Models for penguin habitat suitability during the chick-rearing period

We modeled the suitability of Adélie penguin chick-rearing habitats using two species distribution models, a maximum entropy approach (MaxEnt) and generalized additive models (GAMs, see Supplemental Methods). Both approaches estimate the habitat suitability, ranging from 0 (least suitable) to 1 (most suitable). The CRHS models were trained with bare rock locations, and average SST and SIC climatologies from 1978–198416. This multiyear average smoothed the high interannual variability characteristic of Antarctic marine environments and includes data prior to the regime shift occurring in the mid to late 1980s34. The model trained on 1978–1984 was then projected onto annual climatologies for SIC, SST, and bare-rock locations from 1981 to 2010. Bare rock locations were static for all years. Our approach does not account for possible changes in bare-rock locations due to sea level rise, or coastal glacial collapse exposing new nest sites. Global projections suggest the sea level could rise by 0.57–1.31 m by 210035 while a higher resolution model suggests Antarctica has the potential to contribute more than a meter of sea level rise by 210036. Uncertainties in annual sea level rise and glacial collapse projections inhibit us from including this into our habitat suitability model. However, while bare rock is necessary for Adélie penguin nest sites, it does not appear to be a limiting factor, as there is currently ample uncolonized bare rock in all regions of Antarctica. Our suitability projections could be overly optimistic if sea level rise inundates nesting habitat more quickly than new nesting sites are exposed due to glacial retreat, or our projections could be overly pessimistic if new nest sites are exposed by glacial retreat at a faster rate than sea level rise.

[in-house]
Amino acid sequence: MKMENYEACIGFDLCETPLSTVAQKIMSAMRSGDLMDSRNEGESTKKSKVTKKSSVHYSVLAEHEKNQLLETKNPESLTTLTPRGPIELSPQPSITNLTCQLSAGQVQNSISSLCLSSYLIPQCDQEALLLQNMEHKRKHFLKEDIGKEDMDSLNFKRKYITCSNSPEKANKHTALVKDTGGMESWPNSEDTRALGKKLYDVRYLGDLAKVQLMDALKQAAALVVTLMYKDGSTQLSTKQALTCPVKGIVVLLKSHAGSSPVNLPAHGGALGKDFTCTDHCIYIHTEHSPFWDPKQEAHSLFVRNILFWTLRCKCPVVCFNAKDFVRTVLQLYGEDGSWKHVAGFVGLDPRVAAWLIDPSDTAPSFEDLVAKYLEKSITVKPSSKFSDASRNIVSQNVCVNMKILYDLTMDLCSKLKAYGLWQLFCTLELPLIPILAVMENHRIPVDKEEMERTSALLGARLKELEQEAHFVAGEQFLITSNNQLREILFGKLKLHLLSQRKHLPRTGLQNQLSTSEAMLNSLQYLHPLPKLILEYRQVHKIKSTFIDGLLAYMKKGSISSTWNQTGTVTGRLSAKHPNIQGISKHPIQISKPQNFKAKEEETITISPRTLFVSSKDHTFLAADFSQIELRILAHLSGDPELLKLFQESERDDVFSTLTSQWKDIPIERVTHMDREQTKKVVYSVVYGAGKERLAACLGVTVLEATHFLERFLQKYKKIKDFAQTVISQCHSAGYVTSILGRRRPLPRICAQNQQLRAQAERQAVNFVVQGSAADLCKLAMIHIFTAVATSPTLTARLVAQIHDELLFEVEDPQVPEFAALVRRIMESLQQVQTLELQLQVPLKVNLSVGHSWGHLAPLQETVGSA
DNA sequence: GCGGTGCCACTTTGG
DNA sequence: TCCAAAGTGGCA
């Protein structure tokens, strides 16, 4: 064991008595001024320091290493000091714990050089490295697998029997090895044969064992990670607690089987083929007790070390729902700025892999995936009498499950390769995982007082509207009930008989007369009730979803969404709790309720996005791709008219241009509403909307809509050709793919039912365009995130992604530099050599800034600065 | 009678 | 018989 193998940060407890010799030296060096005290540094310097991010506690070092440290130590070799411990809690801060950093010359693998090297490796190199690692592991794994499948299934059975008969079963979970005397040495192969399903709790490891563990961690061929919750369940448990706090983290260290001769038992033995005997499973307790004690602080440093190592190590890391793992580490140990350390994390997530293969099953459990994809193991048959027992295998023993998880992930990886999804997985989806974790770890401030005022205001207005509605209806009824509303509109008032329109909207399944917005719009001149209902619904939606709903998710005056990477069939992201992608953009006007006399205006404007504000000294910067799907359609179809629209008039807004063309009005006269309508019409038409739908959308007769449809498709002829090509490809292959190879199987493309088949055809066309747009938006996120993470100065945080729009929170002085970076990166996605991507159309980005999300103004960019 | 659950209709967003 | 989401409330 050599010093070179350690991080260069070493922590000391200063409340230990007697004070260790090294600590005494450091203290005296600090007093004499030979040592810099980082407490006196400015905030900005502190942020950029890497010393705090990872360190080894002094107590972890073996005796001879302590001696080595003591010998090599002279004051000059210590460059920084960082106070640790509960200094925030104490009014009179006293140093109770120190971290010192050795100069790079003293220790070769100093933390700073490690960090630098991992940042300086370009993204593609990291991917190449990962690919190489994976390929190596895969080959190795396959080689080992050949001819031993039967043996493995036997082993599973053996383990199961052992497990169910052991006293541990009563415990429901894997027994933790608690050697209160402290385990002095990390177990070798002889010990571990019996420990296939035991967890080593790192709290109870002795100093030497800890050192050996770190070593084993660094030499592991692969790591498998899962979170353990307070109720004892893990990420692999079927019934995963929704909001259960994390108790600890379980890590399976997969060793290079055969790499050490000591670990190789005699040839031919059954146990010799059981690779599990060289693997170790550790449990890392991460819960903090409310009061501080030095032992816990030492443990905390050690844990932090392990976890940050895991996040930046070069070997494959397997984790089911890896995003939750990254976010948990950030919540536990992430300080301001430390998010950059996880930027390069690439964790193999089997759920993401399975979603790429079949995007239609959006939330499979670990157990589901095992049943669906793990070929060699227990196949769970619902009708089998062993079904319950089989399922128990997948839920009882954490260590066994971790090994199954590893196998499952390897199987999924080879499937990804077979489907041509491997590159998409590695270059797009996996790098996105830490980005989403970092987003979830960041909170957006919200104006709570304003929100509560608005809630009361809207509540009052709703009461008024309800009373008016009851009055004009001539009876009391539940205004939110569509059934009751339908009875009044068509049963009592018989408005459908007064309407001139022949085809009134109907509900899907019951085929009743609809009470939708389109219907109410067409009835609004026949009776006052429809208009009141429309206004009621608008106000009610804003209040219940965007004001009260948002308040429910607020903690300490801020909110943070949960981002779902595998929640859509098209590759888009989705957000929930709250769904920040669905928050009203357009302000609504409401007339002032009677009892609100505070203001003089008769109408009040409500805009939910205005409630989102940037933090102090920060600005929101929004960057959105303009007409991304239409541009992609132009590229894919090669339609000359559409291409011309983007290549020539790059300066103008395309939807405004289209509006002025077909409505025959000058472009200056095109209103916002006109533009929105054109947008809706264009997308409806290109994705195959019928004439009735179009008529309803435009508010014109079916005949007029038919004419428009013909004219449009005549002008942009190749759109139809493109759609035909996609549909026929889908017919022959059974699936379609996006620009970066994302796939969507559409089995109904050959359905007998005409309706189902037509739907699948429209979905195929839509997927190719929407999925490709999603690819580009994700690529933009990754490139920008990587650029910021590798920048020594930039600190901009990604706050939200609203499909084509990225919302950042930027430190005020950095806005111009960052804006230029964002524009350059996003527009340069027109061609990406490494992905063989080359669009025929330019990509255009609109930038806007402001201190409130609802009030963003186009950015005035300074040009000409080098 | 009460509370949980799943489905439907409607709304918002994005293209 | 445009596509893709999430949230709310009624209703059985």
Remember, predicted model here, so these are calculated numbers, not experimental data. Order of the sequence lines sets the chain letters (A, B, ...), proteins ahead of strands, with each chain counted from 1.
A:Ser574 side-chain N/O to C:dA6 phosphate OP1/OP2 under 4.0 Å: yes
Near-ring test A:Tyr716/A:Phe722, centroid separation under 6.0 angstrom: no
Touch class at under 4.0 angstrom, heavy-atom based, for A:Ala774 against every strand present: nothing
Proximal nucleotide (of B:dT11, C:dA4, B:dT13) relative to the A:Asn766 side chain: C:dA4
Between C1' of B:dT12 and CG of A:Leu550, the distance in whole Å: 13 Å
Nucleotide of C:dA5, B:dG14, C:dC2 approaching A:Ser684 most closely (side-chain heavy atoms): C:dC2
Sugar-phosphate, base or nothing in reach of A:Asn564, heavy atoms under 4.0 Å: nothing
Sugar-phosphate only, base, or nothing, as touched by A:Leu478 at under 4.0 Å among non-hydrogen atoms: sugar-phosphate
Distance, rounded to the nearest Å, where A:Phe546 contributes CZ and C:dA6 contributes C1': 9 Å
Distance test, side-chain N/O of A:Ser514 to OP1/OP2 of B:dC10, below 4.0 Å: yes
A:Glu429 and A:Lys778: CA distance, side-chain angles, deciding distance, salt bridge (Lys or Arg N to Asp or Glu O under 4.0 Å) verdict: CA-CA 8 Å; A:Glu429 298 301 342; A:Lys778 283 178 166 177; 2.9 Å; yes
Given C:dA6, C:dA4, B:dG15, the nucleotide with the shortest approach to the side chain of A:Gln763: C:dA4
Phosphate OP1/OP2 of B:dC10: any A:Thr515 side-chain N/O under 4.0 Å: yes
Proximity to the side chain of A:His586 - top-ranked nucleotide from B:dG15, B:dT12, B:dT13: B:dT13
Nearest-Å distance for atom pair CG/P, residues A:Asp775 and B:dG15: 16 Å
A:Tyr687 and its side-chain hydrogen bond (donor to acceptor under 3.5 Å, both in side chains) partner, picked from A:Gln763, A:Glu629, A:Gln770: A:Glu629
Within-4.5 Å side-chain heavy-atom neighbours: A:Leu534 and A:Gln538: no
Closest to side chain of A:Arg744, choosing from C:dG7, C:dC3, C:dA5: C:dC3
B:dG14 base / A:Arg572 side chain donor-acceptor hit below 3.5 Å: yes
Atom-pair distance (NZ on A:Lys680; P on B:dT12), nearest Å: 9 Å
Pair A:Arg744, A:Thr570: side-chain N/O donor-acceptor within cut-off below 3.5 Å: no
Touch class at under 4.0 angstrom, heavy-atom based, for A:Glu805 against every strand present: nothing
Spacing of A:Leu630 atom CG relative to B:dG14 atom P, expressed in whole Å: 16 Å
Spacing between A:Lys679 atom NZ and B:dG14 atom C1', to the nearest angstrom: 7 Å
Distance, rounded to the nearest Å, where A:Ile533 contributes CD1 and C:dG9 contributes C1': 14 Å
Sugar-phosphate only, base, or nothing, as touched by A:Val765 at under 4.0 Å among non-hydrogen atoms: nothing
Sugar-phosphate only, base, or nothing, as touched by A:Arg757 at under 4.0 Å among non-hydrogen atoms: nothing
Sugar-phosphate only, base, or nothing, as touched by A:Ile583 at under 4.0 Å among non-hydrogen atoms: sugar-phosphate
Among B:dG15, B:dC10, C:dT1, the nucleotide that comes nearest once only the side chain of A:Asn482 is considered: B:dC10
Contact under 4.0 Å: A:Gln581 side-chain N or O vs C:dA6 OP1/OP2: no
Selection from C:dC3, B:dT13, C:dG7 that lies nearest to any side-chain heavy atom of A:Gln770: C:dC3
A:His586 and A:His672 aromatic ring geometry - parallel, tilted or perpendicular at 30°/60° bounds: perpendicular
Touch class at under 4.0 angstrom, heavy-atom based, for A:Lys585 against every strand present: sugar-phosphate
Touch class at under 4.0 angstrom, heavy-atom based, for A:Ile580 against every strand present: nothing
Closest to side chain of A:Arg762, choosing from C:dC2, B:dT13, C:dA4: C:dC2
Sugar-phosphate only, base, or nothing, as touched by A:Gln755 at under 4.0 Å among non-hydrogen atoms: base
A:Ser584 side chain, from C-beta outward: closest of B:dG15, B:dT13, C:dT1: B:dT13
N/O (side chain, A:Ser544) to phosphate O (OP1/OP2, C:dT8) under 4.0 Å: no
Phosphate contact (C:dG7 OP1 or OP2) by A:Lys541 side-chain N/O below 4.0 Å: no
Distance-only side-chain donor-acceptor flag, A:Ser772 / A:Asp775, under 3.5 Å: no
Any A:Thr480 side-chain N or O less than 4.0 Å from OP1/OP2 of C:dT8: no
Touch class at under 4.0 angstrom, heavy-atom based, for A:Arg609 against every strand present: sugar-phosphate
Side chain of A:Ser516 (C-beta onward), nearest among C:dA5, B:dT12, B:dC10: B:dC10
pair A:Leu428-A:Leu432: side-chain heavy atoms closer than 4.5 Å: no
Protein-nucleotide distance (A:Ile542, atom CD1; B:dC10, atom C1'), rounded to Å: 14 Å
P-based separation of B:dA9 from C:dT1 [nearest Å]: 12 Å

We compared models trained on different combinations of all presence-absence and only continental presence-absence data (Fig. 1) to compare model performance and spatial variability in CRHS (Supplemental Fig. 25). We separated WAP and continental locations based on opposite climate trends in the two regions (as done by16). We also projected the model onto future climate scenarios from our eight best performing models using GAMs and all presence-absence locations. We created CRHS maps for each year and used linear regression across time to identify locations of significant change in CRHS. We also identified areas with novel climate using multivariate environmental similarity surfaces in MaxEnt, which measures the similarity between the environment in the model training dataset and the new environment in the projection years.

Additional Information

How to cite this article: Cimino, M. A. et al. Projected asymmetric response of Adélie penguins to Antarctic climate change. Sci. Rep. 6, 28785; doi: 10.1038/srep28785 (2016).